I surprised myself this week. I became impassioned at work and expressed in the clearest of terms how terrible a horribly bad idea was. It is the kind of idea that could close the organization down. Instead of doing the political thing where I pretend to consider it and then act as if I’ve stumbled upon the top five reasons it is a disaster and carefully reveal them as if we’re coming to them together, I just got on my soapbox and let them rip. The amount of time I have to spend trying, sometimes successfully and sometimes not, to dissuade people from making active mistakes is quite large. It’s the largest waste of my time.
When a podcast about how female CEOs spend a large amount of their time of their time fighting off takeover attempts and managing unsolicited bad ideas and abnormally harsh criticism aired, dozens of people sent it to me (http://freakonomics.com/podcast/glass-cliff/). In fact, a dear friend even mentioned it to me at Constance’s memorial. It is compelling listening.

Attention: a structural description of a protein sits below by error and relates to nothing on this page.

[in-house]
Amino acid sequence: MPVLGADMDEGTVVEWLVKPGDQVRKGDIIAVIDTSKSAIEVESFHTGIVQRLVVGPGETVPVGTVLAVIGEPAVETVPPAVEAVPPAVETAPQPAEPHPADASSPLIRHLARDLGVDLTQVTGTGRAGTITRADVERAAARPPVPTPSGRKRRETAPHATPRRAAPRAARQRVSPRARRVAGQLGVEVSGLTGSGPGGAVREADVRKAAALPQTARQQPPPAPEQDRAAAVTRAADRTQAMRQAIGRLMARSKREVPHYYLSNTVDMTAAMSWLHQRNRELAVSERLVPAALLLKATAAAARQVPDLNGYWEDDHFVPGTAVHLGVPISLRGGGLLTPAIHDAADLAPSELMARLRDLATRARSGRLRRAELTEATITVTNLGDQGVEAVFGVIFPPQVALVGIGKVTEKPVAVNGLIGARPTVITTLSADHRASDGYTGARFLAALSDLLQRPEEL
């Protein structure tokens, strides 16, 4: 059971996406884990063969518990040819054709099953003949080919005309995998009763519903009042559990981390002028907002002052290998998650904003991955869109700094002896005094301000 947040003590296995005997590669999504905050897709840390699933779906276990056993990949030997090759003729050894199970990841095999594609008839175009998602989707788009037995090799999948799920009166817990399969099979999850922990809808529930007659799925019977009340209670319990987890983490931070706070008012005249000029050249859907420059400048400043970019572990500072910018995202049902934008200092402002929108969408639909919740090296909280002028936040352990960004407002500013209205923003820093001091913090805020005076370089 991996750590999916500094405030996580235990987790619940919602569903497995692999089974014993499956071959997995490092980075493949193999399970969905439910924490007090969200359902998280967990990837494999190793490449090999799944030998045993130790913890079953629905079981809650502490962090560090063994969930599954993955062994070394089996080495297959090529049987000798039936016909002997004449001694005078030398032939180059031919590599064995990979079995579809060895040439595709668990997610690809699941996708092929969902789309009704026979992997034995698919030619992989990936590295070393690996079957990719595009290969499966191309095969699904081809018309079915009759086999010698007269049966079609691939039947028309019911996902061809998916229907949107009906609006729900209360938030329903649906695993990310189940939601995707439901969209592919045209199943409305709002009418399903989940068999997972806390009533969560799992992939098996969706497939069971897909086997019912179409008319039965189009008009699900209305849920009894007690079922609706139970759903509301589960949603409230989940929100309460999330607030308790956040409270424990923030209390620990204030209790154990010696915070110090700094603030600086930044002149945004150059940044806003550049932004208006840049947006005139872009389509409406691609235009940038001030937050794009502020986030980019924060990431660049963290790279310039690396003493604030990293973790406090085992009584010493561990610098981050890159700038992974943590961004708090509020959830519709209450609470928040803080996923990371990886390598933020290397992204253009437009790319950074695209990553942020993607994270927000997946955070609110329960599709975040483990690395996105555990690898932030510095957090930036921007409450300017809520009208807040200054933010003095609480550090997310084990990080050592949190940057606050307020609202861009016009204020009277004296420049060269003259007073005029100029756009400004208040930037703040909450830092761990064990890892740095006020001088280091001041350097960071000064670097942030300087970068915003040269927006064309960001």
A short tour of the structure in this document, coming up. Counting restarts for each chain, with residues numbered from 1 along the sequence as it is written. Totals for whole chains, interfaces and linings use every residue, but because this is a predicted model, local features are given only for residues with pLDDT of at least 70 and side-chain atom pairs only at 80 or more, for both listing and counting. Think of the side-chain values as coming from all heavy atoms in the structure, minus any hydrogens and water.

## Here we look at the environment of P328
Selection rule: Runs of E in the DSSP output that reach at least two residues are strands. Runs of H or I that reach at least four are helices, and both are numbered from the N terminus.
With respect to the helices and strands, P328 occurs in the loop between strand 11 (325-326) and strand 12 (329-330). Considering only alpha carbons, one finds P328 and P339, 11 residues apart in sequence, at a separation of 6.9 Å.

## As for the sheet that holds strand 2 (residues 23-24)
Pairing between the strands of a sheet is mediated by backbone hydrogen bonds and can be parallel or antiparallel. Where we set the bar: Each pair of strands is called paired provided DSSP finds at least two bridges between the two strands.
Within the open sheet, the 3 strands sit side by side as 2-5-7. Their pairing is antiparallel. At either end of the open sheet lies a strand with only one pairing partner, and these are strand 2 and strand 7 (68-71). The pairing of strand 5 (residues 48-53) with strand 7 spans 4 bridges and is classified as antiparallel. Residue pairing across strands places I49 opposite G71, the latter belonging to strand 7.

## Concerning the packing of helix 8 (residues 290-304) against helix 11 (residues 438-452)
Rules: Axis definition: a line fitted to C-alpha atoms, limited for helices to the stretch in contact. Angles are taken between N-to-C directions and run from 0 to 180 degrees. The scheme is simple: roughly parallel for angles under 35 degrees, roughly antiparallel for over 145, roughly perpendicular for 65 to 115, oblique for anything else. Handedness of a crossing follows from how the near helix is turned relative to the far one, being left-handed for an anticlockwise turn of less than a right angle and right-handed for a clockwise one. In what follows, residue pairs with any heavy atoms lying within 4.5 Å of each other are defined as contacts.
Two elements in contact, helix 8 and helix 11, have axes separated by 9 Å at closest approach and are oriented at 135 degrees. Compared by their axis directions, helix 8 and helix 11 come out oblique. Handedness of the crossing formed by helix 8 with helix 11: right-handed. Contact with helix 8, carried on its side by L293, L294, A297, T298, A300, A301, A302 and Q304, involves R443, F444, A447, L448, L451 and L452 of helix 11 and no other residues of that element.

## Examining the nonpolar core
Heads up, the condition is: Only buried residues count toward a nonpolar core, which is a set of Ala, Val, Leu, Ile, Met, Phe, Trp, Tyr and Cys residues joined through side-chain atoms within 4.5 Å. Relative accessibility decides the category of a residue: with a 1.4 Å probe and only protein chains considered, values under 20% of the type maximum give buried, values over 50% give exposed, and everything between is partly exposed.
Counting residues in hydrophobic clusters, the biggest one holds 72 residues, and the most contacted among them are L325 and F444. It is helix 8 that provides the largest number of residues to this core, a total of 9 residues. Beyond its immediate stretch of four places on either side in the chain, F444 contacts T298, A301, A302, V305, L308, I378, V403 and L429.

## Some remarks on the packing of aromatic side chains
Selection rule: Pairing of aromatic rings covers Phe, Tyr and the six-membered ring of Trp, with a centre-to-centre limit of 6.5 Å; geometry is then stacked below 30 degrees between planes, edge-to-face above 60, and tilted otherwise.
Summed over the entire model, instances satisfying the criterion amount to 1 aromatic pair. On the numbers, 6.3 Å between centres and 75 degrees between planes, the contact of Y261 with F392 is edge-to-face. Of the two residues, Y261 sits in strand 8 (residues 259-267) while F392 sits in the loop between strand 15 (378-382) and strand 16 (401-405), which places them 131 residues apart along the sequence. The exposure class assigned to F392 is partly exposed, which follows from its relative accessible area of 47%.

Being treated like a dim-witted little woman is not new to me. Having successfully led three organizations, I’m shocked by how often the expertise I’m paid for is devalued because it isn’t what the listener wants to hear or because it is coming from a younger woman. I don’t think that’s going to change any time soon. I was just surprised that I had the energy to give a shit. Things haven’t really mattered much to me since Constance passed. I think this is less a sign of my progression in the grieving process and more a reflection of the fact that I when one is sick and tired that is sometimes expressed in apathy and sometimes with brutal bluntness.